Albert Uderzo's daughter loses round in 'Asterix' family feud

A French judge on Tuesday dismissed a claim by the daughter of Asterix artist Albert Uderzo that her father is mentally frail, which has permitted others to exploit his beloved creation.

According to France24, the judge found the 86-year-old Uderzo is "lucid" and "has the full capacity to make decisions." The lawyer for daughter Sylvie Uderzo said she intends to file an immediate appeal.

The dispute dates back to at least 2007, when Sylvie and her husband Bernard de Choizy were dismissed from their senior positions at Les Éditions Albert René, the publishing company Albert founded in 1979, following the death of Asterix co-creator Rene Goscinny. The family quarrel erupted into the public eye two years later, Uderzo criticized her father’s decision to sell his stake in the company to Hachette Livre and authorize the publisher to continue Asterix after his death.

Writing in the French newspaper Le Monde, Sylvia, who was left with a 40-percent stake in Asterix, accused her father's advisers of forcing him into "a 180-degree turn" and making him "deny the values with which he brought me up: independence, brotherhood, friendship and resistance." She followed that in 2011 with a lawsuit seeking to have her parents declared mentally incapable of managing their business affairs. Characterizing the lawsuit as "legal harassment," Albert fired back last week, accusing Sylvie and her husband of “psychological violence."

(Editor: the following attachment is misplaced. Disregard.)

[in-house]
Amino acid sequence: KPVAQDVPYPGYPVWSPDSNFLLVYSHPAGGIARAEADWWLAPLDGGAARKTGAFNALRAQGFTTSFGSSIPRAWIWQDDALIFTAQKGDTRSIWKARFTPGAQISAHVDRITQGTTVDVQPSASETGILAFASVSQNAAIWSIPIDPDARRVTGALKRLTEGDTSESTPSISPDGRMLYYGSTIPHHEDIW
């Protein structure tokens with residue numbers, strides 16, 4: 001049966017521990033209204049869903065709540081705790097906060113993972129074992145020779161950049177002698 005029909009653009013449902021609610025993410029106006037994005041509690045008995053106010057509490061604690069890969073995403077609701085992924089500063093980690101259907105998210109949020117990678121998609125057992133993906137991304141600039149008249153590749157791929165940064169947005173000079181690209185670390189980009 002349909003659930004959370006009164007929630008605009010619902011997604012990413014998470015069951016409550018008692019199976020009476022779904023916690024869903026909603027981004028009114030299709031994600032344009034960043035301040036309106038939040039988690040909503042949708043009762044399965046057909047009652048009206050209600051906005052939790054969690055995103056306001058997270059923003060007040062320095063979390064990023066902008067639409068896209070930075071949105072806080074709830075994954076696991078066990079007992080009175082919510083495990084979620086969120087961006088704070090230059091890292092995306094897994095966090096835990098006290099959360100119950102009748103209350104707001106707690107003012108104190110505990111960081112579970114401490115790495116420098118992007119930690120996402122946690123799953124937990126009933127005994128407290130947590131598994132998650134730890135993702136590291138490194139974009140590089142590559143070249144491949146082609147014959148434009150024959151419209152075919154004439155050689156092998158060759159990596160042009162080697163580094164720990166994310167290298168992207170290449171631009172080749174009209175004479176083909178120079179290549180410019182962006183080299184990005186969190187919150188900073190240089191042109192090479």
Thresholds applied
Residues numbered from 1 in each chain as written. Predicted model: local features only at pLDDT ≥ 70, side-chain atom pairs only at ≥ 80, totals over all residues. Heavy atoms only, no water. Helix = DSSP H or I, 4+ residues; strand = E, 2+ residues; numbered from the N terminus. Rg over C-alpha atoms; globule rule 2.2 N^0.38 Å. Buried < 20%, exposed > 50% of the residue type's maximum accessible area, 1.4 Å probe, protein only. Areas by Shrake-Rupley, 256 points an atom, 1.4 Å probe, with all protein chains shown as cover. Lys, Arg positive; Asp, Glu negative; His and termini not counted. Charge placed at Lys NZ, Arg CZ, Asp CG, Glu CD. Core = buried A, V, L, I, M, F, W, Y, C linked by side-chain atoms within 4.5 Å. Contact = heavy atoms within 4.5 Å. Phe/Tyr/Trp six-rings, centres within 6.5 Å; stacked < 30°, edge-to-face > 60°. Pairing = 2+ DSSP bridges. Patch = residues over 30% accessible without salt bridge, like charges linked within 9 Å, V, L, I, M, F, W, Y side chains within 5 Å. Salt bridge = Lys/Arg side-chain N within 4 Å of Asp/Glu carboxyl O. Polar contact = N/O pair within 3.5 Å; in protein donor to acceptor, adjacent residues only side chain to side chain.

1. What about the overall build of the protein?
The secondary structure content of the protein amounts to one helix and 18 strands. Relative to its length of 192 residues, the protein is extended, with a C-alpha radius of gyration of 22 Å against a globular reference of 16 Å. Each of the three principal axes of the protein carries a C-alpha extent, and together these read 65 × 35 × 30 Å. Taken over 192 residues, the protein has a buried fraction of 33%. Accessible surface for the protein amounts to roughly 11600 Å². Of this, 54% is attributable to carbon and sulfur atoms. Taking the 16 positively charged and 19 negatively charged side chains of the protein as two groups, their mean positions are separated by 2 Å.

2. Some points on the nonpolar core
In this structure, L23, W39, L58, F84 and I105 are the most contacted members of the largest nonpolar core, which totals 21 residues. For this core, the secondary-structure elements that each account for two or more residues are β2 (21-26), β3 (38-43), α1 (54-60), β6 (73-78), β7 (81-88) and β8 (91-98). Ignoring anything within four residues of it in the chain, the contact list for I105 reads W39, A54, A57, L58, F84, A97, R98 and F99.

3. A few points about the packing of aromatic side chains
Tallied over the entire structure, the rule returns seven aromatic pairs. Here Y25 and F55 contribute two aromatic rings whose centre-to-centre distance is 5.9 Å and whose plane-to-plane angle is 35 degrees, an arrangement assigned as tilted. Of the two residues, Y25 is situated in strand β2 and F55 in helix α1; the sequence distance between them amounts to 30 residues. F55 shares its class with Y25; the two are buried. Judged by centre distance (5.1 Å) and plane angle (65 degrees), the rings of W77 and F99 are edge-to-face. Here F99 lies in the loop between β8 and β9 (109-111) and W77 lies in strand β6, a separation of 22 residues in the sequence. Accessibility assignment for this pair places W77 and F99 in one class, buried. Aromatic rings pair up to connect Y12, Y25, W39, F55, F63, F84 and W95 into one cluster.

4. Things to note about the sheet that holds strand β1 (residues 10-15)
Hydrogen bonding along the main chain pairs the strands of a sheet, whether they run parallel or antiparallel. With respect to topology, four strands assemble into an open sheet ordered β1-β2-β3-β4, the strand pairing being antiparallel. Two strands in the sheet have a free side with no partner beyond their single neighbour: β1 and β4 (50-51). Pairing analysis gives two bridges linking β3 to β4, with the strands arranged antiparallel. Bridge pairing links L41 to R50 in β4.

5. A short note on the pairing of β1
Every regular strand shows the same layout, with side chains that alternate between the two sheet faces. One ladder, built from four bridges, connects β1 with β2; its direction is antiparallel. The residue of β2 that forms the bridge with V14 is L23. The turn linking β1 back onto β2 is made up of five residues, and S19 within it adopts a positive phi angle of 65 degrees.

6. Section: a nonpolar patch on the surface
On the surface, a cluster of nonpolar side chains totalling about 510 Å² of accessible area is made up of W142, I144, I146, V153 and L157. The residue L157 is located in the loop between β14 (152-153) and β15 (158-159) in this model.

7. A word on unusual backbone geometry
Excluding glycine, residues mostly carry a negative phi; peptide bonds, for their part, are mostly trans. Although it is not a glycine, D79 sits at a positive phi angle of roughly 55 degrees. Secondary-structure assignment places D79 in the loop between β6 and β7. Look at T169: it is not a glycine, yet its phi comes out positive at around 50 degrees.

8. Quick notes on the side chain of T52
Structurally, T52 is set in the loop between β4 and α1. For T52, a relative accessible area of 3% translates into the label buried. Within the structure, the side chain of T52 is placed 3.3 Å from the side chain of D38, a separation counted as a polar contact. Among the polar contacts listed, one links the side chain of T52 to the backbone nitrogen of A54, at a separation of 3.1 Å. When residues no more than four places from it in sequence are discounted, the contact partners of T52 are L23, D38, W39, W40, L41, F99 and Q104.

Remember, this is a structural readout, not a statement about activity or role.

“The sole purpose of these acts is to undermine our psychological integrity and to hasten our debility, in order to get their hands on our legacy, which they covet," he wrote.

Following Tuesday's decision, Albert and his wife Ada issued a statement saying they hope the dismissal will “put an end to judicial and media harassment orchestrated by their daughter and her husband Bernard de Choizy."

Albert Uderzo retired in 2011, saying he’s “a bit tired” after 52 years of drawing. In October, Hachette released Asterix and the Picts, by Jean-Yves Ferri and Didier Conrad; it's the first volume not to be written or illustrated by Asterix's creators.

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